He said the bishops’ views on life issues, marriage, health and immigration reform are “rooted in the Gospel of Jesus Christ rather than the convenient political trends of the day.”

Rogers stressed that for anyone to suggest that the bishops’ recent statements on immigrants are for “financial gain is outrageous and insulting.”

New York Cardinal Timothy M. Dolan offered similar reaction in a Sept. 7 interview on the Jennifer Fulwiler Show, on The Catholic Channel, on SiriusXM satellite radio.

The cardinal said he had seen a transcript of the Bannon interview on “60 Minutes” and was “rather befuddled” by it.

He said Bannon’s comment that “the only reason the bishops care for immigrants is because we want to fill our churches and get more money” was insulting.

He also said he wanted to clarify Bannon’s remark that immigration issues are not part of church doctrine.

“He might be right,” the cardinal said: “it comes from the Bible itself,” which he said is very clear about treating immigrants with dignity and respect.

Contributing to this report was Carol Zimmermann.

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  • di36464

    “Justice for immigrants” that’s exactly what our laws provide. It is unjust for illegals to take precedence over those following the law.

  • Charles C.

    I wonder if there is some delicate way to put this. Just as the Pope often says things which can be described as requiring calm reflection and consideration of context before we can decide that he is in danger of slipping off the rails, so too with Steve Bannon, long known for incendiary and brash comments. If Bannon says things off the cuff, in interviews, which are widely reported to much controversy, that should feel very familiar to Catholics.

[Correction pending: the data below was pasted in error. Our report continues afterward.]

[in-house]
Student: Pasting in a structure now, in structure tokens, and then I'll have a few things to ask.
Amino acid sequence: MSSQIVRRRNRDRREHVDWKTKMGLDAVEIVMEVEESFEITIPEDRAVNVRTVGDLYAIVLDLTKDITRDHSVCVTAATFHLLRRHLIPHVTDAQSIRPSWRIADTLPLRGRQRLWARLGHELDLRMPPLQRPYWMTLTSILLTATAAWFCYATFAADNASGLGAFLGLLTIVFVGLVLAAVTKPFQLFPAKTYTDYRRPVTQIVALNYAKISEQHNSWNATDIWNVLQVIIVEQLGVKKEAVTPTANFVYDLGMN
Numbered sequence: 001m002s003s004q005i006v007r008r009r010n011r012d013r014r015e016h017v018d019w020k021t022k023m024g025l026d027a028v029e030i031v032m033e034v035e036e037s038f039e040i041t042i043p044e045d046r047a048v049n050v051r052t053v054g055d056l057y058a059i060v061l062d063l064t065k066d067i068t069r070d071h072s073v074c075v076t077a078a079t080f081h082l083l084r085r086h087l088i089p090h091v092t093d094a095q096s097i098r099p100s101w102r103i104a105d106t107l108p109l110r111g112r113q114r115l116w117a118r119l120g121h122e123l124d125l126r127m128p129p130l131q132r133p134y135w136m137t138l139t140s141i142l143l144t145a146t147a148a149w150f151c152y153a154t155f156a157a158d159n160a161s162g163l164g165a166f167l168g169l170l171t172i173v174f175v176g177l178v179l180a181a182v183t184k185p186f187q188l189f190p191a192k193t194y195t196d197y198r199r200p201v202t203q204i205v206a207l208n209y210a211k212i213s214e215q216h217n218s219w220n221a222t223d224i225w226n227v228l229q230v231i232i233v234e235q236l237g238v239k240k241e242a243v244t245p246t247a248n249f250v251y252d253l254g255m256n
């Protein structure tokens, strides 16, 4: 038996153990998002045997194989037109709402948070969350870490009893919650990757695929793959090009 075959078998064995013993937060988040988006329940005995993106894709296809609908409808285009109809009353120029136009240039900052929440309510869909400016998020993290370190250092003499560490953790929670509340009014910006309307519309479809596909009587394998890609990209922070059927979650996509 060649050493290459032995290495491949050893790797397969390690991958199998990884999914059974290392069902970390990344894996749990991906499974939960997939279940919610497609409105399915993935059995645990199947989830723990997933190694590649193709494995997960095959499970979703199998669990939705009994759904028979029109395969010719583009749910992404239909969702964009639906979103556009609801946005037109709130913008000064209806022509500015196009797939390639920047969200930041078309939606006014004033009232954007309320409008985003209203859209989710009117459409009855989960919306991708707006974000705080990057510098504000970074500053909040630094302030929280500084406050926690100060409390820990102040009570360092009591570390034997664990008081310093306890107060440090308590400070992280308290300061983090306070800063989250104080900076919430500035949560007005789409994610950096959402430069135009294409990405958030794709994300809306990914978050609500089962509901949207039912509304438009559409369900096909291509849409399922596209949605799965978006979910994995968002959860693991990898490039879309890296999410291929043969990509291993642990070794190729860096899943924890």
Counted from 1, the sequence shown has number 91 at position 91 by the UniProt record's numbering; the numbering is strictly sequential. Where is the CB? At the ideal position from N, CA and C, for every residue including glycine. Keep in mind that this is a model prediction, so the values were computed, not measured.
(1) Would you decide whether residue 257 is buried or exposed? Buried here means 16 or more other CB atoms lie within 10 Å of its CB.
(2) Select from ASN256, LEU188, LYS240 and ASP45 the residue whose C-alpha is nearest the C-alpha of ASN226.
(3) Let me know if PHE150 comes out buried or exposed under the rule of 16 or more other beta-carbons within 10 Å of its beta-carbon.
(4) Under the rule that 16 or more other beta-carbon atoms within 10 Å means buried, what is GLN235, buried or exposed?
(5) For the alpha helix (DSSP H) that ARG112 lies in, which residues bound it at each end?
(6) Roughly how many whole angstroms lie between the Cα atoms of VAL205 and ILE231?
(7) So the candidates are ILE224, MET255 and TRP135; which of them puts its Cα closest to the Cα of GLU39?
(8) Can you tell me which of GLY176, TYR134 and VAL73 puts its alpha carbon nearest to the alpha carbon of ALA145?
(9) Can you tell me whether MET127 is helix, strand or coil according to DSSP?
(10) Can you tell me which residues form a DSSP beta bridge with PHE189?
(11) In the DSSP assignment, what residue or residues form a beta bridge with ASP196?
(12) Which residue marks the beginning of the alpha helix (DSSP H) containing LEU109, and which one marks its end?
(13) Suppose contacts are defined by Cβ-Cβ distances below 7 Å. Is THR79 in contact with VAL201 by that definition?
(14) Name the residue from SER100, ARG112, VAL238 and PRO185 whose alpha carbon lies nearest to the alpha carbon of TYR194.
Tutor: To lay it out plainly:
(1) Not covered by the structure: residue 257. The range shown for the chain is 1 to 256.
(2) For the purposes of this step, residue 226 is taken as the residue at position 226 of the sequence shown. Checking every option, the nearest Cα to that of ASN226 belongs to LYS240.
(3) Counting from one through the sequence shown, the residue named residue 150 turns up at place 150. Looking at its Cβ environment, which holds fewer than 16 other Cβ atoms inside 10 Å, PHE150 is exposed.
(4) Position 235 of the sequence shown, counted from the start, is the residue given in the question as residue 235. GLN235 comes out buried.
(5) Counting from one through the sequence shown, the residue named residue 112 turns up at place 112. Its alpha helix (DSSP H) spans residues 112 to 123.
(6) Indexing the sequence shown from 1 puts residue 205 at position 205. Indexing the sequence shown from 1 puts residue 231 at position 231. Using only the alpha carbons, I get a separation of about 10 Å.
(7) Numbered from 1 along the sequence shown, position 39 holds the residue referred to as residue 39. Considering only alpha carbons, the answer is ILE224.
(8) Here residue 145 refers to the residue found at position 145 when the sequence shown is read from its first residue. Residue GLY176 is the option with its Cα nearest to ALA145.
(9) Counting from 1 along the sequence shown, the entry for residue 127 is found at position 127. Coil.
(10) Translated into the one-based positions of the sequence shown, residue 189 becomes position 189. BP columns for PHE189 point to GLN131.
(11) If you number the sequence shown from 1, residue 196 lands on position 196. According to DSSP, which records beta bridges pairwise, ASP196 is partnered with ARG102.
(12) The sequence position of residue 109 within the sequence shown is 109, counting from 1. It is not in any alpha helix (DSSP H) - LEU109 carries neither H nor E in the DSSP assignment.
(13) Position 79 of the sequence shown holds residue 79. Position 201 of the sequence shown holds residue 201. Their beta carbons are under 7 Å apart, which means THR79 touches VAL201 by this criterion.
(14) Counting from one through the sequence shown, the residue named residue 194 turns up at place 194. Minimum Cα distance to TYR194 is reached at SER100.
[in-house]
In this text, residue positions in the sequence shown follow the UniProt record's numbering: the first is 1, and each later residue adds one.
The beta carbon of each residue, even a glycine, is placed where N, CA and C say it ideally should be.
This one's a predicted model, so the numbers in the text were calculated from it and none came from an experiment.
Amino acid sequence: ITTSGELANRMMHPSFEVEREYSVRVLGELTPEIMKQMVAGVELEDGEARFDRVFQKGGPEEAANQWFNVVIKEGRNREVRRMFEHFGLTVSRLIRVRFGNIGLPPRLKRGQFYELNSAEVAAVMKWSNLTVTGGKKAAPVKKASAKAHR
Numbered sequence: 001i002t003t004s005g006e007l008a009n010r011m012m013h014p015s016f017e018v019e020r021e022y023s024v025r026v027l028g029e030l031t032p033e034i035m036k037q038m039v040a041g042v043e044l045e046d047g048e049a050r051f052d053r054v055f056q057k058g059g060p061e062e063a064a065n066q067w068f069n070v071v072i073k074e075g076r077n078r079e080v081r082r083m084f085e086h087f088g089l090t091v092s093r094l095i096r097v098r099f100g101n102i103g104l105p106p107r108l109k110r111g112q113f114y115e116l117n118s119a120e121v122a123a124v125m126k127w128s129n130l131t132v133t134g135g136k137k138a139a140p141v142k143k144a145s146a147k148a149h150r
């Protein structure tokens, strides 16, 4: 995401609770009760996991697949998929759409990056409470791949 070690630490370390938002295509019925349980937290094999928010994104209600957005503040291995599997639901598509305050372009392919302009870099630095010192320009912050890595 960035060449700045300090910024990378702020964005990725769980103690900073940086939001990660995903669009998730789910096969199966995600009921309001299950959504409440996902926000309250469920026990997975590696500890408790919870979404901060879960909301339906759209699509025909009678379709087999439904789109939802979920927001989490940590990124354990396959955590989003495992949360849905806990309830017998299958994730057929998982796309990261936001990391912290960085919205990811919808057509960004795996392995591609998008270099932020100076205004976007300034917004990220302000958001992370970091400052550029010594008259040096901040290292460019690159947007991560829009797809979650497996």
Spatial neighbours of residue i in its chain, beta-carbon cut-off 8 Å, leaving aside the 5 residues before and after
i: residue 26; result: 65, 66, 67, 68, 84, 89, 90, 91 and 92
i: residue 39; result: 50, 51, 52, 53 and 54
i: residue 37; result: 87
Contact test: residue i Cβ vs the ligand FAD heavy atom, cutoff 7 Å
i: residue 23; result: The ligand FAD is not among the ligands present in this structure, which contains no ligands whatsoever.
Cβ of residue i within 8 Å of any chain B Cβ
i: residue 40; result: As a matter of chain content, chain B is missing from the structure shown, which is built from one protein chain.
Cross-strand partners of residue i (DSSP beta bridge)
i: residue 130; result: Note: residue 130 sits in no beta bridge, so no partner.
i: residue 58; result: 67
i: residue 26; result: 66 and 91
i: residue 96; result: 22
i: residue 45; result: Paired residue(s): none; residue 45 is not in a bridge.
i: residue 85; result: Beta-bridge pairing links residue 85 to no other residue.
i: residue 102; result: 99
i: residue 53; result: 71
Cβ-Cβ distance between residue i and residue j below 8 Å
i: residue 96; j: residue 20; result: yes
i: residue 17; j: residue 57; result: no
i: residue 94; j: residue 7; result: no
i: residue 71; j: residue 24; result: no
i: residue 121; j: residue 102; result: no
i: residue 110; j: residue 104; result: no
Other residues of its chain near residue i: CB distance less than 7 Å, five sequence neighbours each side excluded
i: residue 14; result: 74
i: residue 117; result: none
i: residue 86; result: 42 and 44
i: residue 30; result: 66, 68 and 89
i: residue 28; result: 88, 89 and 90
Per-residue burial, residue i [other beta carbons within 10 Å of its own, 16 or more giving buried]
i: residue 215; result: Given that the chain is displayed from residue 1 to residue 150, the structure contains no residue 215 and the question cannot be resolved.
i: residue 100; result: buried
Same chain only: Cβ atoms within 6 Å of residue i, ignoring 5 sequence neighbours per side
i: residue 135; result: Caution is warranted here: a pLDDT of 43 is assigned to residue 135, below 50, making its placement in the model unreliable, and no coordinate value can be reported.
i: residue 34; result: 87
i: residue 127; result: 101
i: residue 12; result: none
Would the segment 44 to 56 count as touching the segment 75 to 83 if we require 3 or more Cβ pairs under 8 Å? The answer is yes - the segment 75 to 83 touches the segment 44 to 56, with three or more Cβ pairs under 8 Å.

I don’t intend to compare Bannon to the Pope, I’m comparing both of them to the average human.

    The transcript leaves it unclear whether Bannon thinks that financial gain or filling the pews are the ONLY reasons for the USCCB’s position. If he meant that, he would be wrong.

    However, it is true that the Catholic Church benefits from the contributions of parishioners and from government grants for resettlement efforts. The Catholic Legal Immigration Network, Catholic Campaign for Human Development, Catholic Charities, and other Church organizations combine to receive hundreds of millions of dollars each year from the government for “refugees.” (Statistics trivia: in 2015 about 65% of Catholic Charities budget came from some level of government. “He who pays the piper calls the tune?”)

    Immigrants are a source of revenue for the USCCB. From a 2013 article:

    “Refugee resettlement is profitable to the organizations involved in it. They receive money from the federal government for each refugee they bring over. They have almost no real responsibilities for these refugees. After 4 months the “sponsoring” organization is not even required to know where the refugee lives.